As this is, at its roots, an issue of power, we need to change how we view power and who can hold it. This includes changing how we structure our economy. The Caring Economy, proposed by the Women’s Budget Group, would put care at the centre of our economic decisions – recognising that it is essential, undervalued and most often undertaken by women. The idea of a Wellbeing Economy similarly questions what we might achieve if we structured and shared power differently.


In the Scottish Gender Equality Index (which measures gender equality on a scale of 0-100 across multiple domains) the power domain has the lowest score (44), highlighting that woman have less influence in political, social, and economic decision making in Scotland compared to men.

When primary power is held by men, then what is implemented to promote and protect females will inevitably remain a watered-down version. Thus, to achieve gender equality across society, women’s participation in power and leadership must be addressed.

A key barrier women encounter in positions of power, but also across the workforce in general, is the need to balance work with family and caring commitments: which can disproportionately slow progression of their career. For example, the May 2021 Scottish Parliamentary election saw the most gender equal result ever - women made up 48% of the parliament. But that same year, three female MSPs stood down citing difficulties with managing family life and their role. In a workforce that is predominantly female, Glasgow City Council reported that 90% of their flexible working applications were from women looking to achieve a work-life balance, or to balance caring/family commitments.

Roles and workplaces must be redesigned to enable flexible working arrangements and non-traditional career paths, for men and women, so that the burden of care can be equally shared. Policies (e.g. shared parental leave) are a useful tool for progressing gender balance but they alone won’t guarantee better outcomes. Leadership, which is committed to and promotes these arrangements is vital to normalise uptake across levels and genders.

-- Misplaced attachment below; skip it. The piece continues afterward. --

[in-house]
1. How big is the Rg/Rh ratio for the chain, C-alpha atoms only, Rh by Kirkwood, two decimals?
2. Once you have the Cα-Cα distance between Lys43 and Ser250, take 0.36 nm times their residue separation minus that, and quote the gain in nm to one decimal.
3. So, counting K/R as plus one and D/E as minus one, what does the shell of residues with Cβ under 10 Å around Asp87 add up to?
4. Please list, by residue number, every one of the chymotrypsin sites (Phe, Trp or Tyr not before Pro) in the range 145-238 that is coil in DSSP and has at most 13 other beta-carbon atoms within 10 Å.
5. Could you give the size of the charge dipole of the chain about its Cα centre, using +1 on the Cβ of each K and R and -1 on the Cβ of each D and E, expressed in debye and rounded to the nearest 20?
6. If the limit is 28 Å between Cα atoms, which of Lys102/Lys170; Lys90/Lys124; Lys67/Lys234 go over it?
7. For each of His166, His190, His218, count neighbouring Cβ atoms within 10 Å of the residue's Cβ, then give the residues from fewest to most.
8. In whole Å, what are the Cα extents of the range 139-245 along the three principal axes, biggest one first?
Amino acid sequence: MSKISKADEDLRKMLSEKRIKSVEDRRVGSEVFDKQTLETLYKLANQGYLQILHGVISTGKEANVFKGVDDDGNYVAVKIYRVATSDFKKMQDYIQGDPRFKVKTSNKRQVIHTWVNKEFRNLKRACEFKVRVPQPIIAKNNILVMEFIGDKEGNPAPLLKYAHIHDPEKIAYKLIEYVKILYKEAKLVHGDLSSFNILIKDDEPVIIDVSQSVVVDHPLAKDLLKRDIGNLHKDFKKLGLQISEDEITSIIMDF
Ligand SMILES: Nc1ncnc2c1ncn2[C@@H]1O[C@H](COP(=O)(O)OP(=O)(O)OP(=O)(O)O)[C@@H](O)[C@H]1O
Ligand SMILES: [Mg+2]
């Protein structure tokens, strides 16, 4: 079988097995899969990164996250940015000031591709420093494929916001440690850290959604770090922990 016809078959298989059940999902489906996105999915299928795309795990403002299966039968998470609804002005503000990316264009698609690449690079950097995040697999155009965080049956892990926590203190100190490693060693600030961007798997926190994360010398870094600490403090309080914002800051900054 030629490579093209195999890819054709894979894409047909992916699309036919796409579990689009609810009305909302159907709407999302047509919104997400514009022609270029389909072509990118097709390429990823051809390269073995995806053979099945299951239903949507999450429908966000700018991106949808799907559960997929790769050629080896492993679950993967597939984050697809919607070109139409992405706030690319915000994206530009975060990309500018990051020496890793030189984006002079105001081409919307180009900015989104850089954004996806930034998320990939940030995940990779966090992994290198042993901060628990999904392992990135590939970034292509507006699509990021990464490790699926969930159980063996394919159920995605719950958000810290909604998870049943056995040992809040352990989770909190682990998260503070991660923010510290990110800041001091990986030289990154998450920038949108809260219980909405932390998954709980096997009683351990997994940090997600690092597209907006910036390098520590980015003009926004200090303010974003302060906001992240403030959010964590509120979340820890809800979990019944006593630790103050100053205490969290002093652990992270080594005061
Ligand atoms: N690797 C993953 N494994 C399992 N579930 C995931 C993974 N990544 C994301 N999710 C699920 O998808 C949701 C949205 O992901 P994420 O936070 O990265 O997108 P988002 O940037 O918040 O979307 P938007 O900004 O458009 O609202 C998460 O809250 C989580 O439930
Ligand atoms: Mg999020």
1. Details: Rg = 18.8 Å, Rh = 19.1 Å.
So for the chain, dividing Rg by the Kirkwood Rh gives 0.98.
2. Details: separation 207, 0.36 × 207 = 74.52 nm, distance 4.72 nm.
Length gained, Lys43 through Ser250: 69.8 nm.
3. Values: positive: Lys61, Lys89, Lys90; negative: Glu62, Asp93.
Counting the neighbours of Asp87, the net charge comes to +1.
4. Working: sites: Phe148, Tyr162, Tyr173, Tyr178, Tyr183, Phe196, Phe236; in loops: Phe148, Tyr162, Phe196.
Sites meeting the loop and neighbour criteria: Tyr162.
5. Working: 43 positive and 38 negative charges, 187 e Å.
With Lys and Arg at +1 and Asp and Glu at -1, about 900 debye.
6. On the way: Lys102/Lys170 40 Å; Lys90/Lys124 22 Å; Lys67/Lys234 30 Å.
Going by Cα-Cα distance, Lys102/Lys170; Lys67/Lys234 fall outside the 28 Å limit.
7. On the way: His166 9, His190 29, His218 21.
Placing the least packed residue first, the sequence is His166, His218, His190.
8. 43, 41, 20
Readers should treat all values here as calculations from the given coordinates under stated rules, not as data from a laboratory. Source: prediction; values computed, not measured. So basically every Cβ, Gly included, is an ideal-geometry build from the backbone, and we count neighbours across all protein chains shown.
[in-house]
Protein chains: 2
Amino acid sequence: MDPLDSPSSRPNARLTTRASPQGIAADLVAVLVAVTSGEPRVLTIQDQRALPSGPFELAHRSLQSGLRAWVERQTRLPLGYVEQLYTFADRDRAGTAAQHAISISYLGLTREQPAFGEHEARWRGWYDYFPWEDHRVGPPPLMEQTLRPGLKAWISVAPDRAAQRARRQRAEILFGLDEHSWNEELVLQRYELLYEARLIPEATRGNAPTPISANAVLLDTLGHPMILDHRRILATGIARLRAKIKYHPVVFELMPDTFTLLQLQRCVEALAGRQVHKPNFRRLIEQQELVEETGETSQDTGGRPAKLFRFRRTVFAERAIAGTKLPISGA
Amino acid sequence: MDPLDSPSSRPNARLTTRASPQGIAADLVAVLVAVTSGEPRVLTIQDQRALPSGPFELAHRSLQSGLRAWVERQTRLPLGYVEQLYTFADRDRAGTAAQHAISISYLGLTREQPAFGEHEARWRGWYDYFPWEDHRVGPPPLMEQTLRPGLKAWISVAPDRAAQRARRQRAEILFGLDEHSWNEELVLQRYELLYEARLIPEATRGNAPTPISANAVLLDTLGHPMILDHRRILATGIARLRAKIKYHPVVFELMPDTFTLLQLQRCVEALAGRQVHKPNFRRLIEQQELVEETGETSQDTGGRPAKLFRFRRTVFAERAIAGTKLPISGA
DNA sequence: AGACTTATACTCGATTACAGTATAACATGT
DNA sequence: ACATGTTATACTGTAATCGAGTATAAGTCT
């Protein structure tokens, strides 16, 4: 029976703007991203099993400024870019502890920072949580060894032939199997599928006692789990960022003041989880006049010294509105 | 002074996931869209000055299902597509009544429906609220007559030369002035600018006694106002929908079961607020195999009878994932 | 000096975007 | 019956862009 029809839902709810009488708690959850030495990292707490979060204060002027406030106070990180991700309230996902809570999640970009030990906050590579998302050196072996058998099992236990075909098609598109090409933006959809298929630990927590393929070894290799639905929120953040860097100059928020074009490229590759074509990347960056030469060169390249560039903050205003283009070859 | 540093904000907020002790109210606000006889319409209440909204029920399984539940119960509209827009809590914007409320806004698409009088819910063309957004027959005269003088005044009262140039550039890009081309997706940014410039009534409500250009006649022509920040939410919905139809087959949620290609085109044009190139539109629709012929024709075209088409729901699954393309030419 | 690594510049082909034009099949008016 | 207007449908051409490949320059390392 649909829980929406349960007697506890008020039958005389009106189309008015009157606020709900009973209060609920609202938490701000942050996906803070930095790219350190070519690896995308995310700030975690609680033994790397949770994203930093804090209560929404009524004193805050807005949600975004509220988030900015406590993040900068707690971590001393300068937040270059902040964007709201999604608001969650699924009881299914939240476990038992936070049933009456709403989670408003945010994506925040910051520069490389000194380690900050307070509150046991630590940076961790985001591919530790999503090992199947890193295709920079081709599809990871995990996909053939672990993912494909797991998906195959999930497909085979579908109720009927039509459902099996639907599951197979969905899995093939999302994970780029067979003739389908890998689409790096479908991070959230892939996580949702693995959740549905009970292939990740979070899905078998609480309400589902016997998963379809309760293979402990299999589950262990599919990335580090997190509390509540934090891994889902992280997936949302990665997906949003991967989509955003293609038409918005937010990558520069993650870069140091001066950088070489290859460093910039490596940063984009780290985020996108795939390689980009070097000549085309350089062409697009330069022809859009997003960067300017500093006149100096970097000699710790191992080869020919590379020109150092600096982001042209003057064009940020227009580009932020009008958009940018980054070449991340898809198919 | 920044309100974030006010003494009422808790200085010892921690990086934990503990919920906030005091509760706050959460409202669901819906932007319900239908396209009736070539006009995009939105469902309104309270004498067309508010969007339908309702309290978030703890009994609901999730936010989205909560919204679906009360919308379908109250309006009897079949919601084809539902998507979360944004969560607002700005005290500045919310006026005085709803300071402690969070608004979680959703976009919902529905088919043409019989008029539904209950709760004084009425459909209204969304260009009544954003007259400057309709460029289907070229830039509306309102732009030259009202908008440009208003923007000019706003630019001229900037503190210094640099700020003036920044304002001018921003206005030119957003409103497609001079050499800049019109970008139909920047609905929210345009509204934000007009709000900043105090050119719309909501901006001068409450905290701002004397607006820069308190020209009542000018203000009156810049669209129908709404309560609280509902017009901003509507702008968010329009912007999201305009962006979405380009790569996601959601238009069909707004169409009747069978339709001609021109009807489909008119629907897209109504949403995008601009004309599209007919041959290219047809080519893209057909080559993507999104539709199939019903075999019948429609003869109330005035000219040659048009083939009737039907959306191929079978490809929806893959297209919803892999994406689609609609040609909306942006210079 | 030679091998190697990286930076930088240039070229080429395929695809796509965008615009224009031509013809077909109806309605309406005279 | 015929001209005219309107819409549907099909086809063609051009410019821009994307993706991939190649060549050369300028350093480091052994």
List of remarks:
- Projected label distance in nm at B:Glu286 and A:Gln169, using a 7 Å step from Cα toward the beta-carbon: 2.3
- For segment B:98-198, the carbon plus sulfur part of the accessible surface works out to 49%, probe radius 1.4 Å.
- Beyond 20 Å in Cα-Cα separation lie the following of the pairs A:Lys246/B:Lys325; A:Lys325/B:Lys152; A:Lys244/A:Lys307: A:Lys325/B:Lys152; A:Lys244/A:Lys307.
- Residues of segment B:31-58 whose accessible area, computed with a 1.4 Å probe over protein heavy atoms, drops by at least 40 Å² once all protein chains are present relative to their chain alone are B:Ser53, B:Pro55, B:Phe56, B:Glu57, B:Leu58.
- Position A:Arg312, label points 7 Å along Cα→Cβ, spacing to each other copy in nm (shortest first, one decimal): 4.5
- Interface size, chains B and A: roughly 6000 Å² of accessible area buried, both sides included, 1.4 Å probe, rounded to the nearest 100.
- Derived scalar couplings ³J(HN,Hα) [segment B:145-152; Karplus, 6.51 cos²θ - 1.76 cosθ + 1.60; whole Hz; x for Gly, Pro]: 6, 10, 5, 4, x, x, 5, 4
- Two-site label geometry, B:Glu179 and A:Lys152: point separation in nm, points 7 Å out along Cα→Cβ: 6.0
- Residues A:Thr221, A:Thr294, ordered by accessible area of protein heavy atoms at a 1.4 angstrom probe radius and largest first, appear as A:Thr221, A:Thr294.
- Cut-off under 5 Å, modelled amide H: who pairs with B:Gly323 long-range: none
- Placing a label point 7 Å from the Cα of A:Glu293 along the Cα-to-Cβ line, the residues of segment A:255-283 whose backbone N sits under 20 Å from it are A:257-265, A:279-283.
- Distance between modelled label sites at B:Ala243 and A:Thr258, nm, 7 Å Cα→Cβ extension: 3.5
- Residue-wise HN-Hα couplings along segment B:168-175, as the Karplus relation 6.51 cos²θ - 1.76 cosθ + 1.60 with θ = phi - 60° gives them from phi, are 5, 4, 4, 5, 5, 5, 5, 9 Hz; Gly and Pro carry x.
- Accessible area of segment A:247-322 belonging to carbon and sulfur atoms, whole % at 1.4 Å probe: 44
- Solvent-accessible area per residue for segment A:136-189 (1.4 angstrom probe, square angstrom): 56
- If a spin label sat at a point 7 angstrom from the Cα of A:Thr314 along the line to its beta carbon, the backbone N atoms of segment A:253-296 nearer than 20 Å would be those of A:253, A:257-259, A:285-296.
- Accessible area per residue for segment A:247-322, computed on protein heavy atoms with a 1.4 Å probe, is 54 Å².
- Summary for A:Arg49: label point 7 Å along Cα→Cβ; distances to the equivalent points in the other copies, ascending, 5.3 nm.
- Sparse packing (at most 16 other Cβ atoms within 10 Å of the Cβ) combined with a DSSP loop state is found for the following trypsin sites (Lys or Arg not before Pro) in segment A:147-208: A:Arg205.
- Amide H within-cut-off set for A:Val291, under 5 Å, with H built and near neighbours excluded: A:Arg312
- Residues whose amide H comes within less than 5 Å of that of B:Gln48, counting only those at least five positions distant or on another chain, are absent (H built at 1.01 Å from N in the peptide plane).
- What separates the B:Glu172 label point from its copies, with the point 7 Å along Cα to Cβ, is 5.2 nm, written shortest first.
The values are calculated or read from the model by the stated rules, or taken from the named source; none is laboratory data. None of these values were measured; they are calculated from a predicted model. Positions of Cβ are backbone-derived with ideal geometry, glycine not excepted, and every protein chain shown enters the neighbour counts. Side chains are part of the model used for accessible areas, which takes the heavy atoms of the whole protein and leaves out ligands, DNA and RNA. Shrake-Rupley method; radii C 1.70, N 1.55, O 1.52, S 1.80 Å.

Achieving gender equality is not an “easy win”. As this series of blogs has evidenced, there are multiple systemic failures to address. Individual, group, and system responsibilities are inter- and co-dependent, and change requires all of these at once. It’s a daunting task, but ultimately, as a society, we cannot afford to lose energy for it.

There’s more noise than ever before around gender inequalities; we have new activists and campaigners fighting for change and justice; more men, organisations, politicians, and people in power are joining the conversation. Change is possible, and it is possible even within our generation, but only if we can keep this momentum up and continue to garner support, and only if those in power are ready to embrace this change.

This blog was co-authored by Katharine Timpson, Mairi Young and Mohasin Ahmed. 

Read the first blog in this series on gender inequalities.

Read the second blog: Women have a right to the city

Read the third blog: Women’s public safety is a health issue

Read the fourth blog: Systemic failures contributing to gender inequality

Read the fifth blog: Gender inequalities and intersectionality